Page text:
Open Terror Hearing Is Sought

From Associated Press

Eleven media organizations asked a federal appeals court Friday to allow open oral arguments and to release documents in the case against alleged terrorist Zacarias Moussaoui, accused in the Sept. 11 attacks.

The U.S. 4th Circuit Court of Appeals has kept most documents secret and scheduled a closed May 6 hearing as it considers the government’s appeal of a trial judge’s order. Prosecutors objected when the lower court ruled secretly that Moussaoui could have access to an Al Qaeda prisoner to help his defense.

The media organizations asked that documents become public in 10 days unless the court rules they should be secret and publicly explains why.

Likewise, the motion filed in Richmond, Va., asked that oral arguments be open unless the court should determine that portions be argued secretly or submitted secretly in writing. A public explanation should explain that decision as well, the motion said.


The news organizations said the government would file an objection to the media motion, while Moussaoui’s court-appointed lawyers would not object. Moussaoui, who serves as his own lawyer while the attorneys represent his interests, also can file a response.

Moussaoui, the only person in the United States charged as a conspirator with the Sept. 11, 2001, attackers, could face the death penalty if convicted of conspiring to commit a terrorist act.

The media companies called the trial secrecy unprecedented, contending the public’s 1st Amendment right to openness remains in effect “even in times of war and national unrest.”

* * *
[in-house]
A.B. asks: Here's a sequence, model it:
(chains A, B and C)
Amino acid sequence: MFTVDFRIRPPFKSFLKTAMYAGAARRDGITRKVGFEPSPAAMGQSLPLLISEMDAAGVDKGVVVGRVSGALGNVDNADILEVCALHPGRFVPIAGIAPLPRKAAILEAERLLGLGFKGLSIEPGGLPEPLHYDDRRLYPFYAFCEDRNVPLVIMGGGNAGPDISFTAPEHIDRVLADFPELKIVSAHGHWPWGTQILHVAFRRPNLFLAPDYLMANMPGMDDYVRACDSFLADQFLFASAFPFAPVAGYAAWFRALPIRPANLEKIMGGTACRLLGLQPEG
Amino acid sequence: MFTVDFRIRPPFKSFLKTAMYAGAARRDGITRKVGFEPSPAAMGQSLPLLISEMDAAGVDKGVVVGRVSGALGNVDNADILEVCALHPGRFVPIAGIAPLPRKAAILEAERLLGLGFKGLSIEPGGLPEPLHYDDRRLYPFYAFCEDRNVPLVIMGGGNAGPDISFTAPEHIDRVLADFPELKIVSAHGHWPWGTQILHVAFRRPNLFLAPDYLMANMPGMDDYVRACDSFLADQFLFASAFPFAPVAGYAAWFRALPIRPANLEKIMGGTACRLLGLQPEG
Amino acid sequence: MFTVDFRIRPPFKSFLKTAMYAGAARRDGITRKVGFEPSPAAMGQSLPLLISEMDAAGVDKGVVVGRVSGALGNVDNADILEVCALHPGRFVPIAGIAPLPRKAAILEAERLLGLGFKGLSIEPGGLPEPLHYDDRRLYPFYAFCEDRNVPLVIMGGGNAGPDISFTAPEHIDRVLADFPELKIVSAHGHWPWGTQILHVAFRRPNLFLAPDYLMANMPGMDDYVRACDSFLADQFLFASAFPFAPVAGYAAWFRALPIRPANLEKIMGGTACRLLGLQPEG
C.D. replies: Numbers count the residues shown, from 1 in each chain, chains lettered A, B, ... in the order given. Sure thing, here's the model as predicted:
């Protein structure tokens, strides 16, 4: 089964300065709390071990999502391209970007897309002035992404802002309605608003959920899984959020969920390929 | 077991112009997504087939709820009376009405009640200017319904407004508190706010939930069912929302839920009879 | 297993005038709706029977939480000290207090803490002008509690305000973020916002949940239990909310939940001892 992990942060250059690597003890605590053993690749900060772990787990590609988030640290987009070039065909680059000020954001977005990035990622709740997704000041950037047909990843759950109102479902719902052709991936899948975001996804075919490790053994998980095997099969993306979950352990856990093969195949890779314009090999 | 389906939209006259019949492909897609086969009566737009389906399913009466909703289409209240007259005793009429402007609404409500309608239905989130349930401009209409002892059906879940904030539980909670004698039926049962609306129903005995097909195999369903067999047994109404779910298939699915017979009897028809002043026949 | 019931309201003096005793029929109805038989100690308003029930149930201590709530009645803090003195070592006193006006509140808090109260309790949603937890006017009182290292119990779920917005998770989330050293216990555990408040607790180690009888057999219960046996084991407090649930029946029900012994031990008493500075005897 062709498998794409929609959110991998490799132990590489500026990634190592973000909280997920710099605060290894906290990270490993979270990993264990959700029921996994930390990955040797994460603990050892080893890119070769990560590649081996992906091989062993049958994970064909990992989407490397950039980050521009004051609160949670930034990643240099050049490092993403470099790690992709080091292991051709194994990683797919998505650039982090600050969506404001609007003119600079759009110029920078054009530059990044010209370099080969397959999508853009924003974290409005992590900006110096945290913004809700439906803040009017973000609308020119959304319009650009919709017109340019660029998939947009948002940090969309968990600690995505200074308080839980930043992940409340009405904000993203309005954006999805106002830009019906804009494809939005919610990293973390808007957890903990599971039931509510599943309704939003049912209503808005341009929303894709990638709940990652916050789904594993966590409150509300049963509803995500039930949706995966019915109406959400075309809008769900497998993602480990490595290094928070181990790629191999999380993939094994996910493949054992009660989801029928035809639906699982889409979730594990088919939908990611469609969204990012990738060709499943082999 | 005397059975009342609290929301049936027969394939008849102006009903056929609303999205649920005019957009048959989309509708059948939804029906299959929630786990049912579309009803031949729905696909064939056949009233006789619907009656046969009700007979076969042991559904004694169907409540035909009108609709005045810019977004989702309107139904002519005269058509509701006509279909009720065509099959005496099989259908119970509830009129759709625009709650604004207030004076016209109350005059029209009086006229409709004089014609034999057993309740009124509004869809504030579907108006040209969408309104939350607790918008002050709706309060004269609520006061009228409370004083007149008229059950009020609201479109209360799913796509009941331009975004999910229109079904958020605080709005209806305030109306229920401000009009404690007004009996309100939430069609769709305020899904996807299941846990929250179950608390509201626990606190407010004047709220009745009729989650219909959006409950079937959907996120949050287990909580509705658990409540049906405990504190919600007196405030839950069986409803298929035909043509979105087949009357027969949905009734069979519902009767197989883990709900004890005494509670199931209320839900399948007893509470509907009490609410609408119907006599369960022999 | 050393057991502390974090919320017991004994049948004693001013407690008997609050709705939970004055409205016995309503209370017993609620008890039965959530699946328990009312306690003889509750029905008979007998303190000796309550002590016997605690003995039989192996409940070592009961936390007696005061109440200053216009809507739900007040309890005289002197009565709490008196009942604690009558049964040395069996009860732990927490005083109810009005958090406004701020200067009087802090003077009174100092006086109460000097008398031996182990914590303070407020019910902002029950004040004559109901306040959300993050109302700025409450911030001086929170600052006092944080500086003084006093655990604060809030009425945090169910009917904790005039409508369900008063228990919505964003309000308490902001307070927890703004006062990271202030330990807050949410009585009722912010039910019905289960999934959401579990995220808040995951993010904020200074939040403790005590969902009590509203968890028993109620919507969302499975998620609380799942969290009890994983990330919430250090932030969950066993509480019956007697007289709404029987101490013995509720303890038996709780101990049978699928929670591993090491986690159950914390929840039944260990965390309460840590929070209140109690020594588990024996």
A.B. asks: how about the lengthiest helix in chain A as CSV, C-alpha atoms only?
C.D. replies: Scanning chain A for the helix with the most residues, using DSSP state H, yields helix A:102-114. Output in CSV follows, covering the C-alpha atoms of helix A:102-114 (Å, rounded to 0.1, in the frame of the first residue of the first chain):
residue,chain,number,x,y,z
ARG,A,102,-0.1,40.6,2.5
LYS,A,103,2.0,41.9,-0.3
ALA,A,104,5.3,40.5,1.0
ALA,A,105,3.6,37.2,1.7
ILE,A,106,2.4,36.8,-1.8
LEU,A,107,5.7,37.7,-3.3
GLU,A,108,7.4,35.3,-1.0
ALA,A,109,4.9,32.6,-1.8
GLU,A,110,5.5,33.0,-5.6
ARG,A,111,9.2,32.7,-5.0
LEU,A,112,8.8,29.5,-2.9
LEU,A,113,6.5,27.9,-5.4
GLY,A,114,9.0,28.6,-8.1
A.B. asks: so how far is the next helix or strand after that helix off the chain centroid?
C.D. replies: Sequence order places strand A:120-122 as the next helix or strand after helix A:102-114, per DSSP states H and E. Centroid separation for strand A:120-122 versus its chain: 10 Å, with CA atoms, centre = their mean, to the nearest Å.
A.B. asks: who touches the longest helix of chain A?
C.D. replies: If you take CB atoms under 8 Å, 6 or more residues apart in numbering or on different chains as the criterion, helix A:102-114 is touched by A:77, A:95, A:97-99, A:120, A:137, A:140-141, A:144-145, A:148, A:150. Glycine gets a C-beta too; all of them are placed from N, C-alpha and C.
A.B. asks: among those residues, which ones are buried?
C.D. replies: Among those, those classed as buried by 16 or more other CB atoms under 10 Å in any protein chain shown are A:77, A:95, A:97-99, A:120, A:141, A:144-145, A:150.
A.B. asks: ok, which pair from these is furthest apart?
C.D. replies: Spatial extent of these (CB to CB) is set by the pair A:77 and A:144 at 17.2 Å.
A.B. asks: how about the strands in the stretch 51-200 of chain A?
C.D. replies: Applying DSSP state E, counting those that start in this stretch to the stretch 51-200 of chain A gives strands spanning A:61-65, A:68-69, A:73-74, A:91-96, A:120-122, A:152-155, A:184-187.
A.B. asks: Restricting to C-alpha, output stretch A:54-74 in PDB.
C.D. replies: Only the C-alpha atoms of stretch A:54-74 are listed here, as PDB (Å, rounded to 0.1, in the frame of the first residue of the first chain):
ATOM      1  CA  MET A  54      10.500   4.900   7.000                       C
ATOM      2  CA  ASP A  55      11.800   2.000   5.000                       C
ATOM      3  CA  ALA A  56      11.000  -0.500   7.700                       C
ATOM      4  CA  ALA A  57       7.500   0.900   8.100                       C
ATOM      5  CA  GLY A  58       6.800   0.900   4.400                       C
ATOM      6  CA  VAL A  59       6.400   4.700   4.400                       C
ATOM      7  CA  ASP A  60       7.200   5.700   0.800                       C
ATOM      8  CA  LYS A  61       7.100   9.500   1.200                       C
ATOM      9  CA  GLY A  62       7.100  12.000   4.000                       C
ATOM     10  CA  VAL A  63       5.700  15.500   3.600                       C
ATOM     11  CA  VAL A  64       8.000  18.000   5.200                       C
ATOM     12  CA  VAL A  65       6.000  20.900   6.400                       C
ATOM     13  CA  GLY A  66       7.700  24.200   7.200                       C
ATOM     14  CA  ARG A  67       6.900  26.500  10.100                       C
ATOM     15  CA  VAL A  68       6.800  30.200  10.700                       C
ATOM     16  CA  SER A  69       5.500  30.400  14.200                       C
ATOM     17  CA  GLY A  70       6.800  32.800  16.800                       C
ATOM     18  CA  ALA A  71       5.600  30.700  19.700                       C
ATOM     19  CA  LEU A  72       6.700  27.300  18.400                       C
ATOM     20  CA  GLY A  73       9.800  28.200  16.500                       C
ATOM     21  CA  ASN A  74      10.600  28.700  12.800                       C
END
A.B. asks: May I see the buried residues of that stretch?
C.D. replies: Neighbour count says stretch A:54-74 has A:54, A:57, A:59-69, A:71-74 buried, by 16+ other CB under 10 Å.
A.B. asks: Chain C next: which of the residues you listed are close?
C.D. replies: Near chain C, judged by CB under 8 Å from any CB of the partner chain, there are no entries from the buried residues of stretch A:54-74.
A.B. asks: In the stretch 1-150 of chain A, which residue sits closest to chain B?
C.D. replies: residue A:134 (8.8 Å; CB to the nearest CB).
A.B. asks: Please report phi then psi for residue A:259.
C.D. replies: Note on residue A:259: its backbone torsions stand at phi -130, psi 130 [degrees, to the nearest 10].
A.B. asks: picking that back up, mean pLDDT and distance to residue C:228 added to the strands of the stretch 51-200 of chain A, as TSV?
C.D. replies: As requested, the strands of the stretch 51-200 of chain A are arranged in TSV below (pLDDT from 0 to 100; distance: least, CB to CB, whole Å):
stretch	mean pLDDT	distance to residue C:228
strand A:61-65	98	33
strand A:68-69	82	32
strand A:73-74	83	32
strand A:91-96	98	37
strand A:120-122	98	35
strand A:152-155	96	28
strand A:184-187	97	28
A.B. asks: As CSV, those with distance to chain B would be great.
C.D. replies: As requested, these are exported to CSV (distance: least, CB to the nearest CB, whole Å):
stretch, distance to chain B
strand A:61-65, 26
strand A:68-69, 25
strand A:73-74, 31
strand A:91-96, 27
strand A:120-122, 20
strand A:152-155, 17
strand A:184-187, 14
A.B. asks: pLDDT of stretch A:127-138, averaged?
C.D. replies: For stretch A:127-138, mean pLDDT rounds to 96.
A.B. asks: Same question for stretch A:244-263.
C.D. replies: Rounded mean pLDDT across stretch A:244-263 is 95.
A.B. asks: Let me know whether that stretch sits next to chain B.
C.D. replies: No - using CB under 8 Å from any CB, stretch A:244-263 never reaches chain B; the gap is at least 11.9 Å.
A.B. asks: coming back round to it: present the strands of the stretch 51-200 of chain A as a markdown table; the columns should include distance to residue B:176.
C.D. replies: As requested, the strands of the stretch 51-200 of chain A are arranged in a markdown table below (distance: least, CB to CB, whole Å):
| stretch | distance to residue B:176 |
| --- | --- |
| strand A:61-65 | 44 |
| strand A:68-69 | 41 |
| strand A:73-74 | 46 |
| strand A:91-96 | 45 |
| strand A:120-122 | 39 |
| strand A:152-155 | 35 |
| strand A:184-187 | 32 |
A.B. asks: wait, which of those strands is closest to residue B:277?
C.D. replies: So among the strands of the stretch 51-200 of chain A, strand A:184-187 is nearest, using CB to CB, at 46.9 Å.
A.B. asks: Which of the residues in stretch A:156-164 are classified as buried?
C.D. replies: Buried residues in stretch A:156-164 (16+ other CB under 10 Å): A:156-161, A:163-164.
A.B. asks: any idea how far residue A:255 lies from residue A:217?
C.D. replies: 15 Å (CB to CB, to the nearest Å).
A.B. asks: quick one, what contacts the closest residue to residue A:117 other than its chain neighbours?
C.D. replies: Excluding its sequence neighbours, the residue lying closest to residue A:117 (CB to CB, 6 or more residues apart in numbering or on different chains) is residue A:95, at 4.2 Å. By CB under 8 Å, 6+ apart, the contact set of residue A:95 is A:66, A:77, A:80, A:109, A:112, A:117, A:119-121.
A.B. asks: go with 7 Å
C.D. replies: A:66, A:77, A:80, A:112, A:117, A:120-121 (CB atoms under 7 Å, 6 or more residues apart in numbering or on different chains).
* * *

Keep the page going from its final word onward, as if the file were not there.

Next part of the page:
Nor, the motion said, does the right disappear when classified information may be used in a case.


Last week, news organizations asked the trial judge, Leonie Brinkema, to make public court papers in the case that she has kept secret for months. She has not yet ruled, but in an unrelated order she questioned whether Moussaoui could be tried in a civilian court when vital information was kept from him.

In the ruling that led to the government’s appeal, Brinkema said Moussaoui should have access to Ramzi Binalshibh, suspected as a coordinator of the Sept. 11 attacks.

The judge Friday unsealed three of Moussaoui’s previously filed motions, including his demand for access to another Al Qaeda prisoner, alleged Sept. 11 mastermind Khalid Shaikh Mohammed. The motion indicated the judge has not granted the access.

Moussaoui contends the two men can testify he was not part of the Sept. 11 plot.

The motion was filed by ABC, Associated Press, CNN, CBS, the Hearst Corp., NBC, the New York Times, the Reporters Committee for Freedom of the Press, the Star Tribune Co., Tribune Co. -- which owns the Los Angeles Times -- and the Washington Post.